Mother of man arrested in wrong-way crash speaks to 3TVPosted: Updated:
PHOENIX -- The mother of a Phoenix man arrested in a fatal wrong-way accident spoke to 3TV Wednesday, along with the Department of Public Safety officer who tried to stop him.
Authorities say 39-year-old Stephen B. Martin had a blood-alcohol level nearly four times the legal limit when his Suburban collided with an SUV on Interstate 17, killing the other driver.
"My first thought is, I've got to do everything I can to stop this vehicle," Officer Andrew Reed said.
He said he spotted a vehicle merging onto the I-17 at Glendale Avenue in the wrong direction early Tuesday morning.
Reed tried to block the Suburban with his vehicle, but Martin reportedly swerved around him, apparently going about 50 mph. Seconds later, the Suburban slammed into the SUV driven by 26-year-old Megan Lange.
Lange was on her way home from her job as a Phoenix Fire Department dispatcher. The mother of two later died at a hospital.
"He swerved around my vehicle, coming within approximately three feet of my front bumper," Reed said. "There was no lights as he passed me, as he swerved around my vehicle."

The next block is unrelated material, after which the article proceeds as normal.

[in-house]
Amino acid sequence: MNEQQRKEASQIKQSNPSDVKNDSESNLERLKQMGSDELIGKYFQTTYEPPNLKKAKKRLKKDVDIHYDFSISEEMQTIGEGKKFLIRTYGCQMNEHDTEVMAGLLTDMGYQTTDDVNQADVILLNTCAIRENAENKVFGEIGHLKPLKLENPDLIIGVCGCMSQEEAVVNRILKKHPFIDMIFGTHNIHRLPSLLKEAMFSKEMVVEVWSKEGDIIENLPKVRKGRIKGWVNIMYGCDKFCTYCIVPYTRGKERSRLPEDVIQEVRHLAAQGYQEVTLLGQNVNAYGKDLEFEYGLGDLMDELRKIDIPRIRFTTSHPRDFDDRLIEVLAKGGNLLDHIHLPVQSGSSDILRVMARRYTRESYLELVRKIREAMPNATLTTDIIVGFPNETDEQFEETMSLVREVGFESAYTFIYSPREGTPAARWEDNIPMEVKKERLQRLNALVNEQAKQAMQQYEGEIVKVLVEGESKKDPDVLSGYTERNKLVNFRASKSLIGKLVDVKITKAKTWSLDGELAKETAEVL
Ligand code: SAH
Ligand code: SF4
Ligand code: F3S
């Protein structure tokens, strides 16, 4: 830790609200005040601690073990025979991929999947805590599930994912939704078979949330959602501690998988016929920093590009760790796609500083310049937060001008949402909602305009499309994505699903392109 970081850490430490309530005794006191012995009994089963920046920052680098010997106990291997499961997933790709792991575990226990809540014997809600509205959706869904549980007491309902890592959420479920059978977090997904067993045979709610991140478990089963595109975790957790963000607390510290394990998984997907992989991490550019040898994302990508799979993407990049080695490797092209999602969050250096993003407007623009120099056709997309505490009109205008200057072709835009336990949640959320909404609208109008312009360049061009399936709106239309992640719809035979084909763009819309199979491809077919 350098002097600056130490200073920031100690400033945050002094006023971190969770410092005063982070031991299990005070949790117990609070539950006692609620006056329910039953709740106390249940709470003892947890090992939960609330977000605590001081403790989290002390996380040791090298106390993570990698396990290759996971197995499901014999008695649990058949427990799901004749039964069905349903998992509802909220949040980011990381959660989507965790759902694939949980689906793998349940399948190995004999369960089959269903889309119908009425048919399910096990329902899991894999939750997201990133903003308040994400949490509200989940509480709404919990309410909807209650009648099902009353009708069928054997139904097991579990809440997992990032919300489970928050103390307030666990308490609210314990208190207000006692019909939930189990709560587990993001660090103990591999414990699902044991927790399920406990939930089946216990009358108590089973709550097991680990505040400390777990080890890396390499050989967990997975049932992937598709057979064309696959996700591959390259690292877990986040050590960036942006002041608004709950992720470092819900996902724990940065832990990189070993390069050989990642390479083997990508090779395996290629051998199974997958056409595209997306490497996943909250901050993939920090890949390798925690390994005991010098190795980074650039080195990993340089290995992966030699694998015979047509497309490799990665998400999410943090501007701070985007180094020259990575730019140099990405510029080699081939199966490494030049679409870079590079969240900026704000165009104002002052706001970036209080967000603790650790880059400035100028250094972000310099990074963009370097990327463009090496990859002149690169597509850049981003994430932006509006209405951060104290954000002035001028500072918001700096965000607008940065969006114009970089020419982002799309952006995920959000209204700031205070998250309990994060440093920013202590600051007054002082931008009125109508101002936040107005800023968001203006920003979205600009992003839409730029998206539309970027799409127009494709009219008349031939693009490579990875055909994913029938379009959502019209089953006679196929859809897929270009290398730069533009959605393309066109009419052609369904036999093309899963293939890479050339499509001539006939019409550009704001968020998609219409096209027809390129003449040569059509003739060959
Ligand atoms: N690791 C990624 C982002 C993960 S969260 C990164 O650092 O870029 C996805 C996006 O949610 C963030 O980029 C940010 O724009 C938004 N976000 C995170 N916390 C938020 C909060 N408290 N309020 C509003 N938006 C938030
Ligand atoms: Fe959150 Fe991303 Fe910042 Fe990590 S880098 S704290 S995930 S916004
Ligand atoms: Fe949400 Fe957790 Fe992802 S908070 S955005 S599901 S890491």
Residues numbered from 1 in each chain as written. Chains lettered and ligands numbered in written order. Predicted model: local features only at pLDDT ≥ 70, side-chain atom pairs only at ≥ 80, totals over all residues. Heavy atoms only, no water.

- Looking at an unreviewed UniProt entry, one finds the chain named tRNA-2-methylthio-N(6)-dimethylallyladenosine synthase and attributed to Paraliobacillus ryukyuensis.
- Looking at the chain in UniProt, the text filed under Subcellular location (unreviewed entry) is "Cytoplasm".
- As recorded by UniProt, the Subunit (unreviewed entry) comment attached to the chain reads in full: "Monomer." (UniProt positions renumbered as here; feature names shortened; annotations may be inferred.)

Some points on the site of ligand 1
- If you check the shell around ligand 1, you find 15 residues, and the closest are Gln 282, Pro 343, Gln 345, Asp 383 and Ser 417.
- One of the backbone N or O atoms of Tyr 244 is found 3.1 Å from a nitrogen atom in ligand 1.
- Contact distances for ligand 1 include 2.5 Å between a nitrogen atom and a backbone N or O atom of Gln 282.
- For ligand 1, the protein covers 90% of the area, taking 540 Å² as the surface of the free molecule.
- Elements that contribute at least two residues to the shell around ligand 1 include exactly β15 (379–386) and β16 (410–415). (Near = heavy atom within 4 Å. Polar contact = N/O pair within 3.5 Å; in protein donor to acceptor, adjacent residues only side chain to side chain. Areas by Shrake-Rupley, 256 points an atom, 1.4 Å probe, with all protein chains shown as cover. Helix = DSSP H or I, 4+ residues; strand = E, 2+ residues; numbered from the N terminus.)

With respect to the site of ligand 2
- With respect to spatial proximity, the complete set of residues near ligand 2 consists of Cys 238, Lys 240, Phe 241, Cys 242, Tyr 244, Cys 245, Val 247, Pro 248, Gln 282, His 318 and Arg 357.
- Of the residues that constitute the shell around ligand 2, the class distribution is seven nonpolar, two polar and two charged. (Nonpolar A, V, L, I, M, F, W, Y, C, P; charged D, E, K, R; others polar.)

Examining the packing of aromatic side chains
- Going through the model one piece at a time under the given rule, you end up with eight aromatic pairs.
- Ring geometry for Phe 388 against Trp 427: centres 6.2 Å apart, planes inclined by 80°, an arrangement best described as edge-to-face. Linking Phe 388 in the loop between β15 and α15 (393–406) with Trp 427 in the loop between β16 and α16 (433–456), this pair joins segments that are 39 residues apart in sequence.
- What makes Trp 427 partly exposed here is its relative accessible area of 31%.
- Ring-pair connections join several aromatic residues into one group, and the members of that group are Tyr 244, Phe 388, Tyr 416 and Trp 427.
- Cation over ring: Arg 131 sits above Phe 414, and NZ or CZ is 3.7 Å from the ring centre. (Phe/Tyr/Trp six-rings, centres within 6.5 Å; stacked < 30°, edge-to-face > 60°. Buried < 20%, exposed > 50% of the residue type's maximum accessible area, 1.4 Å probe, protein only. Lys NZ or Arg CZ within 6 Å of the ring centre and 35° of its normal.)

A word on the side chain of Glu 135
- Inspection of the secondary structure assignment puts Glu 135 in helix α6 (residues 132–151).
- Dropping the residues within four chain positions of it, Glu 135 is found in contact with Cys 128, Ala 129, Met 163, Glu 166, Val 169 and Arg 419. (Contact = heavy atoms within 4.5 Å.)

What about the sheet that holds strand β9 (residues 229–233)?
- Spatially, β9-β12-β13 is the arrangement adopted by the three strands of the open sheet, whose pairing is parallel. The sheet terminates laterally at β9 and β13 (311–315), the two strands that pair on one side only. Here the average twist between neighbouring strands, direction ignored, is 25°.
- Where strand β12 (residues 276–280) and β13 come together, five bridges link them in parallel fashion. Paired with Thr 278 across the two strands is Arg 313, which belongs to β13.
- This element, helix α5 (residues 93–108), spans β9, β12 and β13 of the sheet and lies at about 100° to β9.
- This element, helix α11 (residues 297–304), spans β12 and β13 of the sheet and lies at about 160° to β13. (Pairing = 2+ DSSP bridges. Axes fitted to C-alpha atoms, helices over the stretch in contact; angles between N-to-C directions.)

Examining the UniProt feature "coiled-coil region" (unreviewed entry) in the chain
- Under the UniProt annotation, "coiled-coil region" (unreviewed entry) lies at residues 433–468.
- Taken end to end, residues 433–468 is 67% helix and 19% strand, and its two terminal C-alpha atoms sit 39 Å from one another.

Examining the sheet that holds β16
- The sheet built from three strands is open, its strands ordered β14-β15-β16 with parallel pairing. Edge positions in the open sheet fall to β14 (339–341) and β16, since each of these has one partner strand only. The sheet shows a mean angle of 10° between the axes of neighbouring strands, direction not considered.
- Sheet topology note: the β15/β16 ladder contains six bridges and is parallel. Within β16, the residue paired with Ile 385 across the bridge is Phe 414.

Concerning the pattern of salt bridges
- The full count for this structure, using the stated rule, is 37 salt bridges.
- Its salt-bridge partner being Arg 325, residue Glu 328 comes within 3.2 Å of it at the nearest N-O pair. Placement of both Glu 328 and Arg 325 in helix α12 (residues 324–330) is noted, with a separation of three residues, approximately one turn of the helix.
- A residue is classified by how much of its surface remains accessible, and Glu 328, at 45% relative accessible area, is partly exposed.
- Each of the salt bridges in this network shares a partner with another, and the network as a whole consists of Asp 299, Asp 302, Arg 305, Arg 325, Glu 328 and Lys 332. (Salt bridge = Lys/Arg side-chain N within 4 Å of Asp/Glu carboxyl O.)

Reed said he circled back, but he was too late.
"Vehicle debris everywhere across the road," he recalled. "There was two males that frantically were running up to me, stating the smaller SUV driver needed help ... and I tried to do anything I could to render aid for her."
Patty Martin said her son told her he was being chased by someone who abused his ex-girlfriend.
"He can't really even talk," she said. "He just sobs when he tries to talk about it."
Asked how she felt when she learned a young mother was killed in the accident, Patty Martin told 3TV, "My heart just dropped. There's no words to express how we felt. We just want to let the family know that they are in our thoughts and prayers, and we are so sorry. Sorry isn't good enough."
Martin, who has a 7-year-old son, was booked into jail on suspicion of second-degree murder and other crimes. A judge set his bond at $700,000.
"We have a tight-knit community, and hearing one of our own being lost, it's a tough one," Reed said. "It hurts a little bit more."
Dispatcher dies after Phoenix crash with wrong-way driver